The Art of Safety Part II Safety Leadership and Culture Change
In a previous blog, I talked about the two (2) sides of safety: The technical side and the soft skills side, or as I called it, the art of safety. The technical side establishes our credibility and opens doors to conversations about hazard identification and injury prevention. The art of safety is the soft skills that help us get things done and go beyond minimum standards. It’s the skills that allow us to influence change and as a result have a larger impact on the safety culture.
So, what is the art of safety? And what are the soft skills we need to have that kind of an impact? I learned the three most important things about safety early in my professional safety career. They are 1. Selling, 2. Selling and 3. Selling. If we can’t sell safety, that is the benefits of our safety program, our ability to affect the safety culture will be limited.
I know what you are thinking. Selling? Really? Just the word “selling” has almost as many negative connotations as the word “safety,” and combining two negatives unless you are multiplying, will not give you a positive. After all, no one ever used the term “used car salesman” in a flattering manner, but that’s what we must do, sell safety. Dale Carnegie in his book How to Win Friends and Influence People said it best, “Selling is about influencing someone to do something we want them to do, and the only way to do that is to find out what they want most and show them how to get it.” In our case, show them how safety can help them get what they want. It works whether we want to influence up or down the organization.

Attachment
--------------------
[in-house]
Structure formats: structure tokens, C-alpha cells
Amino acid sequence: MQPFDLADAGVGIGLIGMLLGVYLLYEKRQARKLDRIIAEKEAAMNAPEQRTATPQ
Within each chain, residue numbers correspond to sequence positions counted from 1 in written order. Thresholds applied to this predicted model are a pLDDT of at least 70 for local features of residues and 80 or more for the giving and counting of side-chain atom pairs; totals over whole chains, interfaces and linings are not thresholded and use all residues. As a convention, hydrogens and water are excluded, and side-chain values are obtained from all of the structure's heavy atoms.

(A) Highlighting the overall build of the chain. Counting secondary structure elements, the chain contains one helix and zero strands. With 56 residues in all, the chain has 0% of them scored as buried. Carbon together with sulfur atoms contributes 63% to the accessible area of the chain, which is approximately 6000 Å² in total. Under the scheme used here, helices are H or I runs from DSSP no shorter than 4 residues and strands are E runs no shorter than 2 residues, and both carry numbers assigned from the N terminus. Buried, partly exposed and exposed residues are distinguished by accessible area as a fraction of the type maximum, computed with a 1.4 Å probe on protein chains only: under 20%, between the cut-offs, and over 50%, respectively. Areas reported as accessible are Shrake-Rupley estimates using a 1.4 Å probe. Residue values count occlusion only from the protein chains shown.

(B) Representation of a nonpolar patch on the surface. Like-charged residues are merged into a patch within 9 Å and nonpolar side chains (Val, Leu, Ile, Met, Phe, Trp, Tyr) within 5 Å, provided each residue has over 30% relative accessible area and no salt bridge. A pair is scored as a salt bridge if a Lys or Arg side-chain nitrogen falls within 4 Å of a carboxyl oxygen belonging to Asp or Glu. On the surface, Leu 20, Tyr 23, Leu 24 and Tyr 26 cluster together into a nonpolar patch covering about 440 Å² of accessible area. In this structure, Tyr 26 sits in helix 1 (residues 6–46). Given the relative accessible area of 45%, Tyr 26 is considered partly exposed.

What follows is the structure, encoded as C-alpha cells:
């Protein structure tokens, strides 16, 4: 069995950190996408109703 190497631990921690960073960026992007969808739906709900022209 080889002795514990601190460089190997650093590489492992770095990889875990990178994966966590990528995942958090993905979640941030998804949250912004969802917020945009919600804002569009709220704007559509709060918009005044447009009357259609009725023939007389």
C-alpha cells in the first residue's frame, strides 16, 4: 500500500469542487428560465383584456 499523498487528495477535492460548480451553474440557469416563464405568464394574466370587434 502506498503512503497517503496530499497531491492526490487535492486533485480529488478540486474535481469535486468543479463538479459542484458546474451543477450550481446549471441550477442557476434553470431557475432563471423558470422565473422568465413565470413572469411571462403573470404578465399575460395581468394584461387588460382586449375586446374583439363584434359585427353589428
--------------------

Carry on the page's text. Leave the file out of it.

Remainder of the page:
I’ll share an example from my career. My company had just completed an employee engagement survey and several executive leaders had goals to increase scores. They wanted improved employee engagement scores. Because the Human Resources department was leading the improvement plan, I met with the director of HR and explained how establishing safety committees or a safety task force, creating safety coordinator positions and even employee recognition built around safety behaviors can improve engagement scores and have a positive impact on the safety culture. In short, I knew what the Director of HR wanted and I explained how safety can help achieve their goal.
You can be an effective safety manager with strong technical skills, but you can’t be a leader without understanding the art of safety.
What soft skills have you used to influence your safety culture?